Pantry Needs and Stockpiling (Plus Printable!)

by Merissa on August 15, 2012

in Featured, Little House Living, Printables, Simple Living

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I talk a lot here about stockpiling, pantry items, and having what you need on hand. We can stockpile all we want but how can we be sure that we are stockpiling enough or are we stockpiling too much?

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Only you know how much is enough to stockpile for you family. First you have to ask yourself, what are you stockpiling for? Natural disaster prep? Rising food prices? Zombies? (Sorry, just had to throw that one in there!) Once you have a good grip on what you are stockpiling for, you will have a better idea of what you need to have in your pantry. If you aren't sure what you want to stock your pantry for, plan to stock up at least 3 months worth of food. 3 months is a good starting place as it should get you through most natural disasters or other emergencies such as the loss of a job.

Many people make the mistake of stockpiling things like cereal or store canned food. But what happens if your family decides they don't like the cereal in a few months? Or what if you have stockpiled more than you will be able to eat before it expires? That's not going to do you any good.

Another mistake people make is buying freeze dried foods. Now, this might make some people mad but before you hit that unsubscribe button, hear me out. If you are going through a natural disaster and you are stuck inside your home. Stress is high. Would you rather serve your family a freeze-dried, reconstituted meal from a Mylar bag ...

...or would you rather serve your family a fresh jar of stew from a previous year's garden bounty?

There is nothing wrong with having a small supply of serious emergency foods, but personally I'd much rather preserve and stock my pantry with foods that will last a long time and will always have the same great taste and healthy flavor. But maybe that's just me.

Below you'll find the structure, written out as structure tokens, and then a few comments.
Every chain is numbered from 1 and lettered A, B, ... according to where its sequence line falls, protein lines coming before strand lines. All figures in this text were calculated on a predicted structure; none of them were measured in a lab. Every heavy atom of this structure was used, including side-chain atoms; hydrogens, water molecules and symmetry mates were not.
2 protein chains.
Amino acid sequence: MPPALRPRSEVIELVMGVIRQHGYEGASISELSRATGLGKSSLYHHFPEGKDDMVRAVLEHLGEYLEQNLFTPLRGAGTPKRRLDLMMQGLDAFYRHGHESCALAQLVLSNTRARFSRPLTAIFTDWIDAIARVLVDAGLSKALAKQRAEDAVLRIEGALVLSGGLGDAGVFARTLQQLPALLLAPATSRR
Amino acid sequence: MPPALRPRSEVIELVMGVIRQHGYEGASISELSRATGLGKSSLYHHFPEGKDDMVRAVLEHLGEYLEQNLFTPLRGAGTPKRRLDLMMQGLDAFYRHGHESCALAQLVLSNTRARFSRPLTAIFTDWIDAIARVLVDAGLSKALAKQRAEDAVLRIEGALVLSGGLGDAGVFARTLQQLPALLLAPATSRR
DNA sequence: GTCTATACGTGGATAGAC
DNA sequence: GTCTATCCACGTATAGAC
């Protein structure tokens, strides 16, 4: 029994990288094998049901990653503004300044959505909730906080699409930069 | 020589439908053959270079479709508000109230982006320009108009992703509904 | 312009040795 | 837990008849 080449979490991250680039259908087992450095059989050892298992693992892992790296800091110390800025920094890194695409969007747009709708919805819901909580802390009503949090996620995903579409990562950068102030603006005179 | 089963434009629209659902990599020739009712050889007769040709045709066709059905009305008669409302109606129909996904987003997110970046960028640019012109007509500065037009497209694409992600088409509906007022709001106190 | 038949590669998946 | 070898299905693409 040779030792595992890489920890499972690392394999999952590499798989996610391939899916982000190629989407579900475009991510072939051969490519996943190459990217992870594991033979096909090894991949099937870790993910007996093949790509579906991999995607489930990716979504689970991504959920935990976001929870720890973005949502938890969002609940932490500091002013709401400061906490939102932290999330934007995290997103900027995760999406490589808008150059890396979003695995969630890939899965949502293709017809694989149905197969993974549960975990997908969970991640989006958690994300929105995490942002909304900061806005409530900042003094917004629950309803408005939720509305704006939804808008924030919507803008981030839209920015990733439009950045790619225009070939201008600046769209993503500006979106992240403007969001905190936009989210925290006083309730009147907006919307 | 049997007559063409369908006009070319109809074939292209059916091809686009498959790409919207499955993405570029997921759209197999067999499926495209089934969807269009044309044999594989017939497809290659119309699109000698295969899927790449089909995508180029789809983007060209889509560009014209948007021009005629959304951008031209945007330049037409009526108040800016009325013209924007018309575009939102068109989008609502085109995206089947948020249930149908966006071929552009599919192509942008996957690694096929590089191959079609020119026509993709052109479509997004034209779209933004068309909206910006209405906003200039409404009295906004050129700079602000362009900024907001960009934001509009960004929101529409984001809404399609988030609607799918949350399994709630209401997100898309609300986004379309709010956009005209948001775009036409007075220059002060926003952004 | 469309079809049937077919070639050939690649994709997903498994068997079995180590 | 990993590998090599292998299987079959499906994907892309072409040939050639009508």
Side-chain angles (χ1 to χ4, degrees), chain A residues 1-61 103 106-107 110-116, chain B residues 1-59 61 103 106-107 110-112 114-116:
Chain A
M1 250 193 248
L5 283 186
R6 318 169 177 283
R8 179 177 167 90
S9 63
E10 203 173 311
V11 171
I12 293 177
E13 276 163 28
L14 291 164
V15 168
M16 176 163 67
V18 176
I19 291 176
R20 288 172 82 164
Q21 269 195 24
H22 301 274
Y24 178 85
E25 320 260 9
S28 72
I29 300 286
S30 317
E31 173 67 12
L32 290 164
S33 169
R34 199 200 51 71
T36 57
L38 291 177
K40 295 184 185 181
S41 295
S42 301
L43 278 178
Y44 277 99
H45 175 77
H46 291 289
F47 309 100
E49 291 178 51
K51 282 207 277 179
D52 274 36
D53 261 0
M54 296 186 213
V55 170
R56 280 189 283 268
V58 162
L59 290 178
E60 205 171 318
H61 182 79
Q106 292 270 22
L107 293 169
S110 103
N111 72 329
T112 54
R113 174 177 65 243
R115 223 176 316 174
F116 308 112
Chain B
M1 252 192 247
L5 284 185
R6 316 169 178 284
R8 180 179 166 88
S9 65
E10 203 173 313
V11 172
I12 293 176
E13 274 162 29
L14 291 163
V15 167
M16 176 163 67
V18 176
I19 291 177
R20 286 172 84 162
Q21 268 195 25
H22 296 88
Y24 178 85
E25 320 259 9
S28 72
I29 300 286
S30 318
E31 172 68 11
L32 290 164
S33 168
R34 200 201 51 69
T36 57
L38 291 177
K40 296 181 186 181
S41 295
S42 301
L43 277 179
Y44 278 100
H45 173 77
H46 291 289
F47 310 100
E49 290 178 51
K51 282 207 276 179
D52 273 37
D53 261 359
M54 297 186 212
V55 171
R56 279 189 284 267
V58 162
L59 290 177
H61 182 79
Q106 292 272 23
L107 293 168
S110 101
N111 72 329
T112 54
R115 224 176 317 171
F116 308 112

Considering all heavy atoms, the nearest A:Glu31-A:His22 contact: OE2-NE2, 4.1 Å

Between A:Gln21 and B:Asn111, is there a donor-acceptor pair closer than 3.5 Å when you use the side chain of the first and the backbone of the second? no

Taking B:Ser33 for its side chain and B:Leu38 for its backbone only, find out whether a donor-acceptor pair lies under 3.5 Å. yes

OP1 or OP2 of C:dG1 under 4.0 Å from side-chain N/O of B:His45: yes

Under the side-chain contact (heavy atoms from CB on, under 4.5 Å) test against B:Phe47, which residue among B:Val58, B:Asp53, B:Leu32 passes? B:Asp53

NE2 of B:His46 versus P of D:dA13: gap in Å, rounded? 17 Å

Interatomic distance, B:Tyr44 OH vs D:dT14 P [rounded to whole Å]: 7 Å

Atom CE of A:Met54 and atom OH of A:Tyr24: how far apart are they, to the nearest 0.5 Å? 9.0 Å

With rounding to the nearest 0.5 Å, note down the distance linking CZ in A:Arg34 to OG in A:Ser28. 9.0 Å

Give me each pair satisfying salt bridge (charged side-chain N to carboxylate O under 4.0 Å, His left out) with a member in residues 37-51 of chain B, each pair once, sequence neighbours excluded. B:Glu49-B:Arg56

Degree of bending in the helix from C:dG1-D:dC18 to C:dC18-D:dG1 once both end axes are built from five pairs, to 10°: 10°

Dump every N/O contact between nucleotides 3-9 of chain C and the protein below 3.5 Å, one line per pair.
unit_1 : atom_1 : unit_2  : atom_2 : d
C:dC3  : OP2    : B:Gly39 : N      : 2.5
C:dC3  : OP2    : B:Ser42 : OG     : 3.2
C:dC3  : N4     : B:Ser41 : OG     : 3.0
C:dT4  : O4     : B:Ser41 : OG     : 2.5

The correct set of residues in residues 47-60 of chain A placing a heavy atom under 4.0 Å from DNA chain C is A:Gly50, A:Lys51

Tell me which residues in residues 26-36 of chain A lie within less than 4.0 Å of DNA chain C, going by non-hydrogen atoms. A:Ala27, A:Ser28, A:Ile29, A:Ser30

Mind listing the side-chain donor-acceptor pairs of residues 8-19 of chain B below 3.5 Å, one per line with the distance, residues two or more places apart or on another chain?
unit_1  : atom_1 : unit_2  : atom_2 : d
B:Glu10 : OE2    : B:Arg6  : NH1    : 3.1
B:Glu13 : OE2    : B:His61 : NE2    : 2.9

My plan of action behind stocking my pantry is to stock it with healthy foods I know we will eat, I know will last long, and that are bases for meals. In other words, staples.

So you've decided to start filling your pantry with staples and you want to get to 3 months. How and where do you start? Here's my suggestion....for one month, write down how much your family eats. How many pounds of oats you go through, how many pounds of flour you use, ect. Write all those things down, and at the end of the month, add it up.

Then it's time to stock up! It's very possible to stock up using your existing budget. Just be aware and take advantage of good deals and don't feel like you need to stock your pantry in one shopping trip or even in one month. Take your time and build your pantry slowly.

To help you on this journey I've created a simple Pantry Needs Checklist and Chart. With this chart you can write down how much you need and how much you have stored in your pantry. It has my list of recommended pantry staples and room to write in others that I might have missed. Just click the link below to download!

Pantry Needs Checklist & Chart Printable

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{ 15 comments… read them below or add one }

1 Sarah UmmYousef August 15, 2012 at 10:01 am

This is great, thanks so much!

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2 Debbie August 15, 2012 at 10:18 am

Merissa,
Love your stock pile. Was wondering though if you have any recipes for soups or stews that you’d be willing to share? I’d love to try some. I know not to can anything with dairy or noodles/rice. I’ve got alot of broccoli/cauliflower from the garden frozen and would love to use it in a soup (especially cheddar broccoli!) but I know not everything will be able to be canned. Thanks so much!!!!!!!!